Panelists talked about Kentucky’s high rate of child abuse and how the community can help address the problem during our discussion on WFPL’s In Conversation. Our guests were:
- Courier-Journal Reporter Deborah Yetter
- Kentucky Child Fatality Review Panel Member Dr. Melissa Currie
- Kentucky Department of Community Based Services Commissioner Eric Clark
A five-part investigative series by Courier-Journal Reporter Deborah Yetter sounded the alarm on the issue and prompted Kosair Charities to donate $100,000 toward helping protect children. According to a report by the U.S. Department of Health & Human Services Children’s Bureau, Kentucky now has the highest rate of child abuse and neglect in the country. Yetter said cases of child abuse have grown more severe over time, and many abusers used to be victims.
“Most of these adults have been victims of abuse and trauma in their own lives dating back, in many cases, to their own childhood,” Yetter said of people who get treatment through the Family Recovery Court. “It’s a generational thing. And so they’re getting help for that, maybe, for the first time.”
The nation’s opioid epidemic is also playing a role in Kentucky’s soaring number of child abuse cases.
Dr.Melissa Currie is a member of the Kentucky Child Fatality Review Panel, which meets meets every month to review cases. Currie said drugs are involved in more child abuse cases, and many people are not reporting them.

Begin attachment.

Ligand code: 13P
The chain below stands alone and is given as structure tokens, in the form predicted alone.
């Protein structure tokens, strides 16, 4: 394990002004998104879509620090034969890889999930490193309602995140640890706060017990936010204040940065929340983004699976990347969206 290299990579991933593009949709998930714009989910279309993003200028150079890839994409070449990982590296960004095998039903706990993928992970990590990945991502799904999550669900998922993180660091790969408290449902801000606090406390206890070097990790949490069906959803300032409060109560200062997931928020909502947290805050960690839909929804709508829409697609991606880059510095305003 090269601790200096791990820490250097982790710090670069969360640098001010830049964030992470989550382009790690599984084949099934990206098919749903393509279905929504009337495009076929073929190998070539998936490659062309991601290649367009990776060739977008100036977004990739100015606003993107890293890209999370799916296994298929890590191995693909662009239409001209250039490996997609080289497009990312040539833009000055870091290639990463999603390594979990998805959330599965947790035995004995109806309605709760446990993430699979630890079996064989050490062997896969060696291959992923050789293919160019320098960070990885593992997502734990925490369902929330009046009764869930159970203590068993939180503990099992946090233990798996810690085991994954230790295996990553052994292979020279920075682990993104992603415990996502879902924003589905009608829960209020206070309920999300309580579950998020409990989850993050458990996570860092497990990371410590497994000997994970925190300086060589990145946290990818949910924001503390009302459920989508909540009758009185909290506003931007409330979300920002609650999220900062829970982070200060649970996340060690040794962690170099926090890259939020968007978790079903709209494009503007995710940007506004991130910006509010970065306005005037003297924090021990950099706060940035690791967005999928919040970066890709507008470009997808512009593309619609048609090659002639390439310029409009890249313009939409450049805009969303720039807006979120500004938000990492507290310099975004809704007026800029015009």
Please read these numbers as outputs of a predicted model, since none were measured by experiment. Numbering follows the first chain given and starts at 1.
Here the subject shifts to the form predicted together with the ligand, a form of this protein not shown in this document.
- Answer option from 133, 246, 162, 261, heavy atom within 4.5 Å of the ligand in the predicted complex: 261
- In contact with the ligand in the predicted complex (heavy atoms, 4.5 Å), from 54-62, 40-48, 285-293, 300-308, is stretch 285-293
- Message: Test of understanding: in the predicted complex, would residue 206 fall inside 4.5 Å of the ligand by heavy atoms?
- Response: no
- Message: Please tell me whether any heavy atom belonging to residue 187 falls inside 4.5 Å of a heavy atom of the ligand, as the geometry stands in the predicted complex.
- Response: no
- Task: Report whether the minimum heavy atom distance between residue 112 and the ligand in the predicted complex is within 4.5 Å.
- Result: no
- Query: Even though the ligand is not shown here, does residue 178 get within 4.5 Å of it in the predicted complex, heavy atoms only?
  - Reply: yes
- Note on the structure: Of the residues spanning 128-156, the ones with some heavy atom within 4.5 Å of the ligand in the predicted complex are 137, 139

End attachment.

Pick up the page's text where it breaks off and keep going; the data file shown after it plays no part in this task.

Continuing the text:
“We see drug abuse and substance abuse issues in the majority of the cases that we’re seeing,” Currie said. “It tends to lead, as Deborah [Yetter] mentioned, to more brutal abuse.”
Though the state is aware of these issues, Kentucky Department of Community Based Services Commissioner Eric Clark said everyone must step in to address it. Clark said they struggle to retain social workers because of their workloads and other issues, so community members can help by volunteering with organizations or helping families of children in need.
“Support our workforce and our families and children, because we cannot take this load on our own,” Clark said. “I’m giving a passionate plea to the community right now to support our workers and come alongside and find ways to support them.”
Join us next week for In Conversation as we talk about marijuana laws and enforcement.
There’s a lot going on in Louisville, and WFPL’s “In Conversation” with Rick Howlett gives people a platform to talk — both to each other, and with the larger community — about the biggest issues facing our city, state and region. Live at 11 a.m. every Friday on 89.3 WFPL. Call 502-814-TALK to join the conversation.